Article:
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    • "Emergency peripartum hysterectomy is a life-saving surgical procedure, which is performed to control massive hemorrhage. The incidence rate has estimated about 1.5 per 1,000 deliveries in developed countries.[123] Cesarean delivery is the major risk factor for peripartum hysterectomy and due to recently raising cesarean delivery rate and the increasing population with a scarred uterus, the incidence of emergency peripartum hysterectomy may indirectly increase. "
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    ABSTRACT: Peripartum hysterectomy is associated with significant morbidity and mortality. We determined the factors leading to and maternal mortality and morbidity rates among the women whose underwent peripartum hysterectomy in Iran. This case-series study was conducted from March 2004 to March 2009 in the Department of Gynecology and Obstetrics at two central university hospitals (Azahra hospital and Shahid Beheshti Hospital) in Isfahan. Forty one women among 29,444 deliveries underwent peripartum hysterectomy. Women who had delivery before 24 weeks and a hysterectomy for other reasons like sterilizations were excluded. Incidence, indications and maternal complications including maternal death and urological, infectious and wound complications were evaluated after operation. During the study period, the incidence of peripartum hysterectomy estimated about 1.39 per 1,000 deliveries. The maternal mortality rate was 17.07%. There was no statistical difference in mortality rates between referrals and non-referrals women (P = 0.6). Post-operative complications included infection (22%), bladder injuries (7.3%), urine retention (4.8%) and wound dehiscence (4.87%). The main indication was placenta accreta 28 (68.3%). This study indicated the high rate of mortality among patients underwent peripartum hysterectomy. Evaluation of management during referring the patients and designing more studies to evaluate the mortality and morbidities are warranted.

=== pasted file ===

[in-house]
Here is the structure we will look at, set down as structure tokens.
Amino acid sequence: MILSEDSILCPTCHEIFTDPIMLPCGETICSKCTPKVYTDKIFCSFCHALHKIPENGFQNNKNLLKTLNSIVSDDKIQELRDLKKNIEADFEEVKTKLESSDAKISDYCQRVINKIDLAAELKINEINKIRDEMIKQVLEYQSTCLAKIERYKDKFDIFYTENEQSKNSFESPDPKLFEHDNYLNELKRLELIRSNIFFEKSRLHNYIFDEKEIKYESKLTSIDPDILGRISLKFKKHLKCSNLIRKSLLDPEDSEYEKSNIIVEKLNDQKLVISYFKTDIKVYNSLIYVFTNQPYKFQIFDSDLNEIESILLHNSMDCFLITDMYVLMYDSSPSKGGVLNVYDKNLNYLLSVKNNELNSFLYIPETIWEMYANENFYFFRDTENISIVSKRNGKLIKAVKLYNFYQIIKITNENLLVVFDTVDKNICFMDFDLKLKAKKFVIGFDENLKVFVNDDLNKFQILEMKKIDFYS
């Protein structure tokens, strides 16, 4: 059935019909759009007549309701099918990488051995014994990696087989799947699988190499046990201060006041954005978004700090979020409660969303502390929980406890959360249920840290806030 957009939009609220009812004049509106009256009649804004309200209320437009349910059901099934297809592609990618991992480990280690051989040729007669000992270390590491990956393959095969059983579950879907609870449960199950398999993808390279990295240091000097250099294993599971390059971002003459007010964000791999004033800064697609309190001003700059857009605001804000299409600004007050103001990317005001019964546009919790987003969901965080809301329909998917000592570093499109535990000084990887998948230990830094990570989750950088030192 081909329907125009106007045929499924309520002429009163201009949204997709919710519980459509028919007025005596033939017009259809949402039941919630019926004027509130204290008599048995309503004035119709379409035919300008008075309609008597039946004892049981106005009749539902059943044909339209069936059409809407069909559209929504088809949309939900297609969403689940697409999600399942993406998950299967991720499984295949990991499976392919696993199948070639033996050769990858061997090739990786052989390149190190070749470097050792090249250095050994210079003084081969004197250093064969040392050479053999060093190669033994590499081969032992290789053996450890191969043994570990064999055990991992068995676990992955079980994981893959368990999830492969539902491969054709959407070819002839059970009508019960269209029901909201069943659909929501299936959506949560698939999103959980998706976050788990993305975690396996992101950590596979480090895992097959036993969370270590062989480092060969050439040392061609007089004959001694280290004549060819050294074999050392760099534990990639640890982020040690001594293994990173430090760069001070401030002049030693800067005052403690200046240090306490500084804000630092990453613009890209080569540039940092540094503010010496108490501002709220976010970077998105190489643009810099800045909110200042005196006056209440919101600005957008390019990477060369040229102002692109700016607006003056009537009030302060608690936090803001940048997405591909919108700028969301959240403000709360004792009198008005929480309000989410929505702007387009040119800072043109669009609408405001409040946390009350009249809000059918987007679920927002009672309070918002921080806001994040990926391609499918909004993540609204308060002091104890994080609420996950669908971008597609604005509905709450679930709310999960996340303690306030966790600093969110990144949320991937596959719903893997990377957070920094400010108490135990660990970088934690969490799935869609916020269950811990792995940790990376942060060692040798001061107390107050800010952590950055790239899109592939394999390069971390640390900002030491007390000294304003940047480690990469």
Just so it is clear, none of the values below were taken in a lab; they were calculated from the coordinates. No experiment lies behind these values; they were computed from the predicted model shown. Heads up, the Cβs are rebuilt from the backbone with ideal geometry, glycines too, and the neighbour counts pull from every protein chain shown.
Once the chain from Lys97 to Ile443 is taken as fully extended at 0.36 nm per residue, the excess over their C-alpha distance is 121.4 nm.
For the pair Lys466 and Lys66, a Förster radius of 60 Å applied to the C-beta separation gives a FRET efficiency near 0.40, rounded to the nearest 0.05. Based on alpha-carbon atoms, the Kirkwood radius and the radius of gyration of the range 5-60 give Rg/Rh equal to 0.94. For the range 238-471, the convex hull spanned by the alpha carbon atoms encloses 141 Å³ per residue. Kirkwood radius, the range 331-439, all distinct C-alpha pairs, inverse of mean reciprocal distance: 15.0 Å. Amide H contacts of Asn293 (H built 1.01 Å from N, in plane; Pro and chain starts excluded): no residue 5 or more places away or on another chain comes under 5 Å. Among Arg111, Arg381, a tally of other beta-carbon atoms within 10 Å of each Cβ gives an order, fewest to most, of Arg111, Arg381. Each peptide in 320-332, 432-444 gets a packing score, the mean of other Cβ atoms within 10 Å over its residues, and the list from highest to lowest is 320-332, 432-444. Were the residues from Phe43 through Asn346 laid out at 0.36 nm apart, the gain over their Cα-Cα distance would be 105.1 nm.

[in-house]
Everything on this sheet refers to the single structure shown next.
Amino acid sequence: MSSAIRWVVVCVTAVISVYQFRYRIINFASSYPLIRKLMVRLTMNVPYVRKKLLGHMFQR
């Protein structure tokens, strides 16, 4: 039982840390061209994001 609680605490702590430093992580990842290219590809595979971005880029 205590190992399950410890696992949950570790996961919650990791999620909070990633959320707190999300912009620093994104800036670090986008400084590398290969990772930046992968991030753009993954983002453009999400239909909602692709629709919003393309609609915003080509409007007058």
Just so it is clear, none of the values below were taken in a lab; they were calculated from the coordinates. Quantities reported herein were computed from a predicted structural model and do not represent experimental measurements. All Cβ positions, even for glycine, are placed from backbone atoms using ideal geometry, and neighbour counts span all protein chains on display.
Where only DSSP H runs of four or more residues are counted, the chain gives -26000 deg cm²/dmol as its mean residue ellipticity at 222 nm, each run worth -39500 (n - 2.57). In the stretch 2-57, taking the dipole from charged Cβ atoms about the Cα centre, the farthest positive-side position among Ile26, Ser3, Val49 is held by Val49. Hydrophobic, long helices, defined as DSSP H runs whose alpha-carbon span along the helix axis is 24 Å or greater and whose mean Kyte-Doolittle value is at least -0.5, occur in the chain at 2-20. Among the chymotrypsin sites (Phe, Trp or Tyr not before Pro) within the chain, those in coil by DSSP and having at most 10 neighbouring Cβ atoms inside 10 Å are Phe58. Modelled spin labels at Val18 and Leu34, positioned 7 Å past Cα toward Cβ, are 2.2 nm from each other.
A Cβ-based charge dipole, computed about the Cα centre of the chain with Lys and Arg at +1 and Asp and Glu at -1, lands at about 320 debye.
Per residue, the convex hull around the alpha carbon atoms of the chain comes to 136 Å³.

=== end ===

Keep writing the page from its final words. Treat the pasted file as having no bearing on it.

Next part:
03/2013; 2:20. DOI:10.4103/2277-9175.108004